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Diving into the numbers (http://ar2010.sage.com/Consolidated-income-statement.asp) we discover that the revenue for 2010 was 1,435.0 million pounds. Taking an exchange rate of 1.6 pounds to one US dollar (the rate around the end of 2010), this translates to around $2,300m in total revenue. 4% of this is about $92m.

So the revenue for the CRM products has gone from around $110m to $90m in ten years i.e. it has not changed significantly and may have actually shrunk. Also note this also includes the, assumed, additional profits of Sage CRM (ACCPAC CRM).

The big difference in the two financial reports is in their health. Although the Sage annual report only talks about the business as a whole, not just the CRM component, Sage is profitable and generating healthy cash flows i.e. they are generating cash from their operations.

Research has also suffered in the name of a healthier bottom line. According to the full annual report, Sage spent a total of 158.9 million pounds on research and development. This is around 11% of revenue, about half what Interact felt they had to invest, as a percentage of revenue, to stay on top.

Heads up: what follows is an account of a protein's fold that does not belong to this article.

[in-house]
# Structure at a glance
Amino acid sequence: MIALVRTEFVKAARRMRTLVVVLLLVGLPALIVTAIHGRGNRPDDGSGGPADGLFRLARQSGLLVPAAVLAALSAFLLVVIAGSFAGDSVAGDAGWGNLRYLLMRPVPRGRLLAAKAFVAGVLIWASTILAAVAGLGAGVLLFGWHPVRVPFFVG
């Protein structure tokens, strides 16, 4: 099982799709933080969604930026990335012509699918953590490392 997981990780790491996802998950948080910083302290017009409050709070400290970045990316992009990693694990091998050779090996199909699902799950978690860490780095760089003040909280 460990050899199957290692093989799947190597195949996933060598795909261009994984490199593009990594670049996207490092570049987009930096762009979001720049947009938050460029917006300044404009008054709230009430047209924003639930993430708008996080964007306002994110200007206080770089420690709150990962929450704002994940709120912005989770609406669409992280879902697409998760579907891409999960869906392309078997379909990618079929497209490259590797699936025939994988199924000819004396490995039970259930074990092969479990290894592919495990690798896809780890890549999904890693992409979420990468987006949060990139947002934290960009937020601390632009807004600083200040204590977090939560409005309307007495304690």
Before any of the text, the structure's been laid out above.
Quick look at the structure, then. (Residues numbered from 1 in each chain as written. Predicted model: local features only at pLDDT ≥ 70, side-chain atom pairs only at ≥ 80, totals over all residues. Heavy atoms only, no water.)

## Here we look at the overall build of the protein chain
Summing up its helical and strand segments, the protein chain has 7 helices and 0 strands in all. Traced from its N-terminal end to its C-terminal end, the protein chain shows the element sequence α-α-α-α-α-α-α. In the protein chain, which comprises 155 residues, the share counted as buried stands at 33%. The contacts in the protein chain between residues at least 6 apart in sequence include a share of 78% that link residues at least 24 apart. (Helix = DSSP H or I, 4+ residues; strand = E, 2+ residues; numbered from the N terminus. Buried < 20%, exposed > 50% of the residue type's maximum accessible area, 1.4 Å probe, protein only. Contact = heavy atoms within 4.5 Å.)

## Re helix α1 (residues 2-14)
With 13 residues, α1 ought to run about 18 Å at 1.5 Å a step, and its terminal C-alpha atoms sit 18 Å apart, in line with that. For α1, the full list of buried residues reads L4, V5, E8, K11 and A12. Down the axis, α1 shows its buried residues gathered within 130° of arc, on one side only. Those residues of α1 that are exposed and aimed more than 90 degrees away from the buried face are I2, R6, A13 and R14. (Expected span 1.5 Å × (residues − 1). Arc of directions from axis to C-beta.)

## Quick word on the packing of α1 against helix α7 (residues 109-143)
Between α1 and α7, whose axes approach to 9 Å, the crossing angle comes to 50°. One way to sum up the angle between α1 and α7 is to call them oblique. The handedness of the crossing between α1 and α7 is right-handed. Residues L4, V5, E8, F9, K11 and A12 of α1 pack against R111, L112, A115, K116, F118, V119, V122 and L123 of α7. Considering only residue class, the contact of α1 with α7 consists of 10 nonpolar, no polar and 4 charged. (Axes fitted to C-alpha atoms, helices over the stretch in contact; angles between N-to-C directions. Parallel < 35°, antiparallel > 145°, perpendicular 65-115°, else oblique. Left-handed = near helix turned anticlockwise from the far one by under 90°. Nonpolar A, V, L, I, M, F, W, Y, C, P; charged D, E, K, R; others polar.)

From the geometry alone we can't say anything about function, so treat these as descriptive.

The Current Popularity of Sage’s CRM products

Back in July of last year, I used Google Trends to see how Dynamics CRM is travelling relative to Salesforce (http://leontribe.blogspot.com/2010/07/using-google-trends-to-predict-crm.html). As an aside, if you want to see an up to date and expanded version of my Salesforce vs Dynamics CRM blog, I will be presenting precisely this at the upcoming Decisions Spring 2011 (http://decisions.msdynamicsworld.com/session/microsoft-dynamics-crm-vs-salesforce-main-event).

We can now use the same technique to review the popularity of the Sage suite of products relative to, say Dynamics CRM.

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Using Dynamics CRM as a comparison, it is clear that the Sage CRM products are not generating as much interest as Dynamics CRM. Also, it is amazing how far ACT! has dropped since seven years ago.

Conclusions